Overall the most compact hiking poles commonly on the market are the folding "tent-pole" style which collapse much shorter than traditional telescoping poles. The folding "tent-pole" style is fairly new and only gained traction just over a couple years ago and was popularized with Black Diamond's Z-Pole line and followed by Leki's Vario Line. Now just a few years later there are dozens of options from several manufacturers on the market. The most compact option is one of our OutdoorGearLab Top Picks, the Black Diamond Distance Carbon Z and Black Diamond Distance Z, which still breaks down to less than half the length of other products with a minimum size of 14" and offers zero adjustability. The Leki Micro Vario Carbon packs down to 14.5" while the Leki Micro Stick, Leki Micro Vario Ti COR-TEC, and the Alpine Carbon Z pack down to the same size of around 15" and all but the Alpine Z offer some adjustability. Even the longest of all these folding, "tent-pole" style products, is at least 9" shorter than most of the telescoping poles in our review. The exception is the Komperdell C3 Carbon Compact, by far the shortest and lightest telescoping option, which packs down to 21.5".
The Black Diamond Distance Carbon Z is crazy light and our favorite pole for light to medium duty use. It's much lighter than the other top scoring poles and folds down to nothing. While it isn't quite as versatile as many of the traditional telescoping poles, it is great for most backpackers and trekkers and is a stellar option for climbers.
The Leki Micro Vario Ti COR-TEC is a very packable pole that folds down to an impressive 15". Not only does it feature our favorite grip among collapsible poles but it features our favorite handle in our entire review. Near the best factor of all, is that it's on the less expensive side of all of the poles we tested at $140.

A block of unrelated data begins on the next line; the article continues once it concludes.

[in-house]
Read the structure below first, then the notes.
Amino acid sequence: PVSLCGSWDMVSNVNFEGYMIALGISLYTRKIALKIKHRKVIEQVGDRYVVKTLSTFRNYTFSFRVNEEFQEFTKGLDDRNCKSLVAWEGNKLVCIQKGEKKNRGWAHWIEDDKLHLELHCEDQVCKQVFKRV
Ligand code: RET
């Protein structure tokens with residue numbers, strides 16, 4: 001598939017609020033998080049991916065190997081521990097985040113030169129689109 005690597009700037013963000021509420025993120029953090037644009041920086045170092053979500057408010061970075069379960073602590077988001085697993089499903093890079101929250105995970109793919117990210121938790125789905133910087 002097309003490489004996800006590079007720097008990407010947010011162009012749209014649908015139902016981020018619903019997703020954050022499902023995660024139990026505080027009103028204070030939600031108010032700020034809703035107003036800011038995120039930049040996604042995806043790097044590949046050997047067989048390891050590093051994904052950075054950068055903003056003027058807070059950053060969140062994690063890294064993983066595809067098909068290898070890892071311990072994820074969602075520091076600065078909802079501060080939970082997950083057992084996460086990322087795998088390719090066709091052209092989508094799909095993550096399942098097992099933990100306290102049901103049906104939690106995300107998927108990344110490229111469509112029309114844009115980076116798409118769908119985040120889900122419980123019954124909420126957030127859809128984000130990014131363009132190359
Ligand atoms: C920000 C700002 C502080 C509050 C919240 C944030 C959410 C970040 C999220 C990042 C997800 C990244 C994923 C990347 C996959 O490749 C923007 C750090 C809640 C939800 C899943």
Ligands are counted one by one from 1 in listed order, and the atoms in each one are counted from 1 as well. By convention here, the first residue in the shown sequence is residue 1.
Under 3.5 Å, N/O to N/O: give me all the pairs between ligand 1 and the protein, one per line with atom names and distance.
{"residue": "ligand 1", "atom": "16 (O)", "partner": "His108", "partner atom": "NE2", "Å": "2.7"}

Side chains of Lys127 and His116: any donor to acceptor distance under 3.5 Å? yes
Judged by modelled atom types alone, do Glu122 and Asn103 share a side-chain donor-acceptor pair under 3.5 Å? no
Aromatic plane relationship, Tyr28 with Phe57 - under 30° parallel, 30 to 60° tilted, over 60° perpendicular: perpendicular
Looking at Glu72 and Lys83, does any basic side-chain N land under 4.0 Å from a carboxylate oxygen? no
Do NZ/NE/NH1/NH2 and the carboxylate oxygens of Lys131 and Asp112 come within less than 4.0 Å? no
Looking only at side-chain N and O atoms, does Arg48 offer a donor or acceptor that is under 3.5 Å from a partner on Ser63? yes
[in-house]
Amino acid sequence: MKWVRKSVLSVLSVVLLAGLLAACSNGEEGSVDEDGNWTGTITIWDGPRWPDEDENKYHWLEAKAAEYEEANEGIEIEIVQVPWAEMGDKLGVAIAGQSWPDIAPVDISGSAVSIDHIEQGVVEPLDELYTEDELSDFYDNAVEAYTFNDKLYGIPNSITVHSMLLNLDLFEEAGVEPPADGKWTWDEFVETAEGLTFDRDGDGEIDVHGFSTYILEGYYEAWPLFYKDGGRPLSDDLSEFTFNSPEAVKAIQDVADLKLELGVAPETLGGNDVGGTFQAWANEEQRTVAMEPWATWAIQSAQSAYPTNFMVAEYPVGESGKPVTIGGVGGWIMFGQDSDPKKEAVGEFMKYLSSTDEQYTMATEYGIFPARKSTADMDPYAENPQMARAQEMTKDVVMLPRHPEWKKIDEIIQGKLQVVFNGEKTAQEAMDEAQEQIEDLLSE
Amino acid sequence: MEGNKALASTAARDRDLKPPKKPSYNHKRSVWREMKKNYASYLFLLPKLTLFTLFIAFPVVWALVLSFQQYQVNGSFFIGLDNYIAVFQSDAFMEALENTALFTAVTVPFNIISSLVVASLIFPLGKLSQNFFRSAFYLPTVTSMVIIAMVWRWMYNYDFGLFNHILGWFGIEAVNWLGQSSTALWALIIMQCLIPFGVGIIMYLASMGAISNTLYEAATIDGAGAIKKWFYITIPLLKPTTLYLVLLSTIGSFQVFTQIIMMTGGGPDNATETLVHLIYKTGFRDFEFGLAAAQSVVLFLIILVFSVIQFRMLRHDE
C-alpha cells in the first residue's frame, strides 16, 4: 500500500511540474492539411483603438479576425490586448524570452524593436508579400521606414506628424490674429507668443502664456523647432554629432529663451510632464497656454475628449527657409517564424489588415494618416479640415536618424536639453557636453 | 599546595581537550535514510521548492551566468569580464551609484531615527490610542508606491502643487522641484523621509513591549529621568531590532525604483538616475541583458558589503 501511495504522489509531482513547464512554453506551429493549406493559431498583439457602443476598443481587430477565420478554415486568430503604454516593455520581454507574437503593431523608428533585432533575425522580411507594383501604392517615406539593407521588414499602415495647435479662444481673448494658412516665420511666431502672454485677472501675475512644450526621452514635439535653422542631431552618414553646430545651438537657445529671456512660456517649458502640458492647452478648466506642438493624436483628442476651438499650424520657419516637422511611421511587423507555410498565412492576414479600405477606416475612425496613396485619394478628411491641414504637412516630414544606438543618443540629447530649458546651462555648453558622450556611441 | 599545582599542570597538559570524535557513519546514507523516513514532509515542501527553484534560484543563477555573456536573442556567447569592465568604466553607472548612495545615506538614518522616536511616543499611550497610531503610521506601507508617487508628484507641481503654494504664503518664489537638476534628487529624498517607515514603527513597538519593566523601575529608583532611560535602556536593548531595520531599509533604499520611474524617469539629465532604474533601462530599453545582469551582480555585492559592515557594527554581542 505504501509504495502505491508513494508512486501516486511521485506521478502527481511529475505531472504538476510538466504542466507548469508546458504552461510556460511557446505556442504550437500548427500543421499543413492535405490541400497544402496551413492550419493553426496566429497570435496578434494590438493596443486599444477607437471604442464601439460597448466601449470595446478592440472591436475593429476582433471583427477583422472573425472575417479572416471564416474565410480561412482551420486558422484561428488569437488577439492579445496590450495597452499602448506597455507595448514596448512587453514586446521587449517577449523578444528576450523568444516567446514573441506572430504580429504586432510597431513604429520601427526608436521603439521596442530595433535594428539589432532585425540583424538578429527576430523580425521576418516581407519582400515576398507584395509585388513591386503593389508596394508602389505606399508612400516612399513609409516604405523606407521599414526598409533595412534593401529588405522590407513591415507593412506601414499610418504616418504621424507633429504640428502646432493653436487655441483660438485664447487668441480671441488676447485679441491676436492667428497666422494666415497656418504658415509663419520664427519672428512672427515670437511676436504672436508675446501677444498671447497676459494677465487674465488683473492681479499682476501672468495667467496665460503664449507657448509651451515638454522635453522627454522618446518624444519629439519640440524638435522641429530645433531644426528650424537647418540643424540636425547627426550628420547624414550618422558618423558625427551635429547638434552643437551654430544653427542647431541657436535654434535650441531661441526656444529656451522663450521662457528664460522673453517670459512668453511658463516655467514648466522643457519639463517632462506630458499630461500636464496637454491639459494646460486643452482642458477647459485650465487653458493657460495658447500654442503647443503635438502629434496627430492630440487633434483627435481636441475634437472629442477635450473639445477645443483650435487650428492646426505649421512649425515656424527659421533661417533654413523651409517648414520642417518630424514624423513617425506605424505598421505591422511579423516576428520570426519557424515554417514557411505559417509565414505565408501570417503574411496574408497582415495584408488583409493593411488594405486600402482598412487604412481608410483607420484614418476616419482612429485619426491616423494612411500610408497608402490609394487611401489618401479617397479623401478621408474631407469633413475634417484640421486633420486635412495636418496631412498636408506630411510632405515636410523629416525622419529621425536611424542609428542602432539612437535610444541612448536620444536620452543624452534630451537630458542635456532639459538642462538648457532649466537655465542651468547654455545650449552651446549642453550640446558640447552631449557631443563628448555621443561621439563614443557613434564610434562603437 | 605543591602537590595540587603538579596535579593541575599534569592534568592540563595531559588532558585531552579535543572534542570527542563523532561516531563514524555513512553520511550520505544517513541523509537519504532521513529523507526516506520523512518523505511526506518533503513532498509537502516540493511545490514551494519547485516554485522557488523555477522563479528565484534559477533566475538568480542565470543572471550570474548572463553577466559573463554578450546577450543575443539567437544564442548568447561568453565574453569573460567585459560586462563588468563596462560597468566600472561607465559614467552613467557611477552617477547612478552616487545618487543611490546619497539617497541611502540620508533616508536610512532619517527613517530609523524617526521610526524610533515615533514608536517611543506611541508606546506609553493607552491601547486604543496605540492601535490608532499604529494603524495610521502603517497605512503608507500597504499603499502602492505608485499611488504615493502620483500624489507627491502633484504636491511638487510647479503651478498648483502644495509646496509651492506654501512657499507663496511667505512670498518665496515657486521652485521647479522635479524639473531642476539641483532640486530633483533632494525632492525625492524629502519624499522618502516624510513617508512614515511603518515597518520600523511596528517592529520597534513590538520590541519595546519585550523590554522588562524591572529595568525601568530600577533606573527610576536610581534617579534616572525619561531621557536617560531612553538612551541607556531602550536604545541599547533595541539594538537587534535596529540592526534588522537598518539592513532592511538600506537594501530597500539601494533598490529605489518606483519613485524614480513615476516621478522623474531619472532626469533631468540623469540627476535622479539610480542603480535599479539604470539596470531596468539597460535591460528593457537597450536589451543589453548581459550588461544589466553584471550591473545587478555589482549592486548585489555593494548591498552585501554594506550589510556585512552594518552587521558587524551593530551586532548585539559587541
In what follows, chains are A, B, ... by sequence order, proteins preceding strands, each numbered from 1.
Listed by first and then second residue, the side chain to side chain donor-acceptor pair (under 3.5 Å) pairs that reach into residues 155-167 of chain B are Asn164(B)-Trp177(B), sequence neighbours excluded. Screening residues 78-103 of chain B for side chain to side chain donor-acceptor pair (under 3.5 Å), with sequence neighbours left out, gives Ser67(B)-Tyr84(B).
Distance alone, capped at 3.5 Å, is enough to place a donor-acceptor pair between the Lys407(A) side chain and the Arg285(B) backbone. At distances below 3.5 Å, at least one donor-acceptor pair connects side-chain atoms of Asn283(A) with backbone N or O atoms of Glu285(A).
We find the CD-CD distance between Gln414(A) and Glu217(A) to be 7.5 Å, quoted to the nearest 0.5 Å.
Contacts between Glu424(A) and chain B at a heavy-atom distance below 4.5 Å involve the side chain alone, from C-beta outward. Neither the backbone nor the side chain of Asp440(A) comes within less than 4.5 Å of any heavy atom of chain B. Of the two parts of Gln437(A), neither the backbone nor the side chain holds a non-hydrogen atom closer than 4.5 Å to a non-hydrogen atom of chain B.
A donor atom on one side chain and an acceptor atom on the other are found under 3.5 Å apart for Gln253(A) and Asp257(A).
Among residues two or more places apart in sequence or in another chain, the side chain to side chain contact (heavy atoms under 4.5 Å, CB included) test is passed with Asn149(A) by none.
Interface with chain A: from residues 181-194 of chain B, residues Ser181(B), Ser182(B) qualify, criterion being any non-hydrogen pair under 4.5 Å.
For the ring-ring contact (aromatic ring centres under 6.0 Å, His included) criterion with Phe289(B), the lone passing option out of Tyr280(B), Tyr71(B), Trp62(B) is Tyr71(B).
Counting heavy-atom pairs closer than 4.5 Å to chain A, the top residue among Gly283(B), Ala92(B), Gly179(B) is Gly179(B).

If packability is one of the most important features you're looking for, then be sure to check out the shortest of the products mentioned above, but remember that most of these products have at least some compromise in adjust-ability and/or durability, being killer for less aggressive day hiking and backpacking, but certainly less durable and likely inappropriate for most heavy duty uses. One nice thing about the Black Diamond Distance FLZ, Leki Micro Vario Ti COR-TEC, and The Micro Vario Carbon is that they are nearly as compact, all breaking down to around 15" but all offer around 20 cm of adjustability. The Komperdell C3 Carbon compact, the most compact traditionally telescoping design has a maximum length of 120 cm, around 20 cm shorter than most comparably designed models in the review.
We have broken a lot of poles during our testing as well as through the 15 plus years we've been using them. The most common times we have broken them is when one punches through snow or into a gap between rocks and we bend or fall snapping the lowest or second lowest section. While all poles are far from being "break proof" some are certainly more durable than others. The biggest contributing factor to durability, is shaft construction and material.
Aluminum poles typically use higher 7075-T6 or 7075 grade aluminum. Aluminum tends to be a little more durable; (being straight up beefier to begin with) and aluminum can bend and still be functional while carbon fiber has very little bend and will snap if pushed too far. Aluminum poles range from the lighter side being around 16 ounces per pair to around 22 ounces, at least for our review. One note of consideration is that not everyone needs a more durable product. If you are primarily day hiking or backpacking on trails, you can get away with a pretty light pole compared to bush whacking with a heavy pack. We even used the Black Diamond Ultra Distance on lots of rocky, trailless terrain, we were just more careful, and aware that we were more likely to break it while doing so.
Carbon fiber construction makes the product lighter than their aluminum counterparts, with the heavier carbon fiber hiking poles weighing around the same as the lightest aluminum versions. While we do think that in general, aluminum products are more durable, in the grey area of all poles around 16 ounces, we think that beefier carbon fiber poles like the Black Diamond Alpine Carbon Cork, or other heavier, sturdier carbon fiber options are at least as durable as other super lightweight aluminum poles that weight the same amount.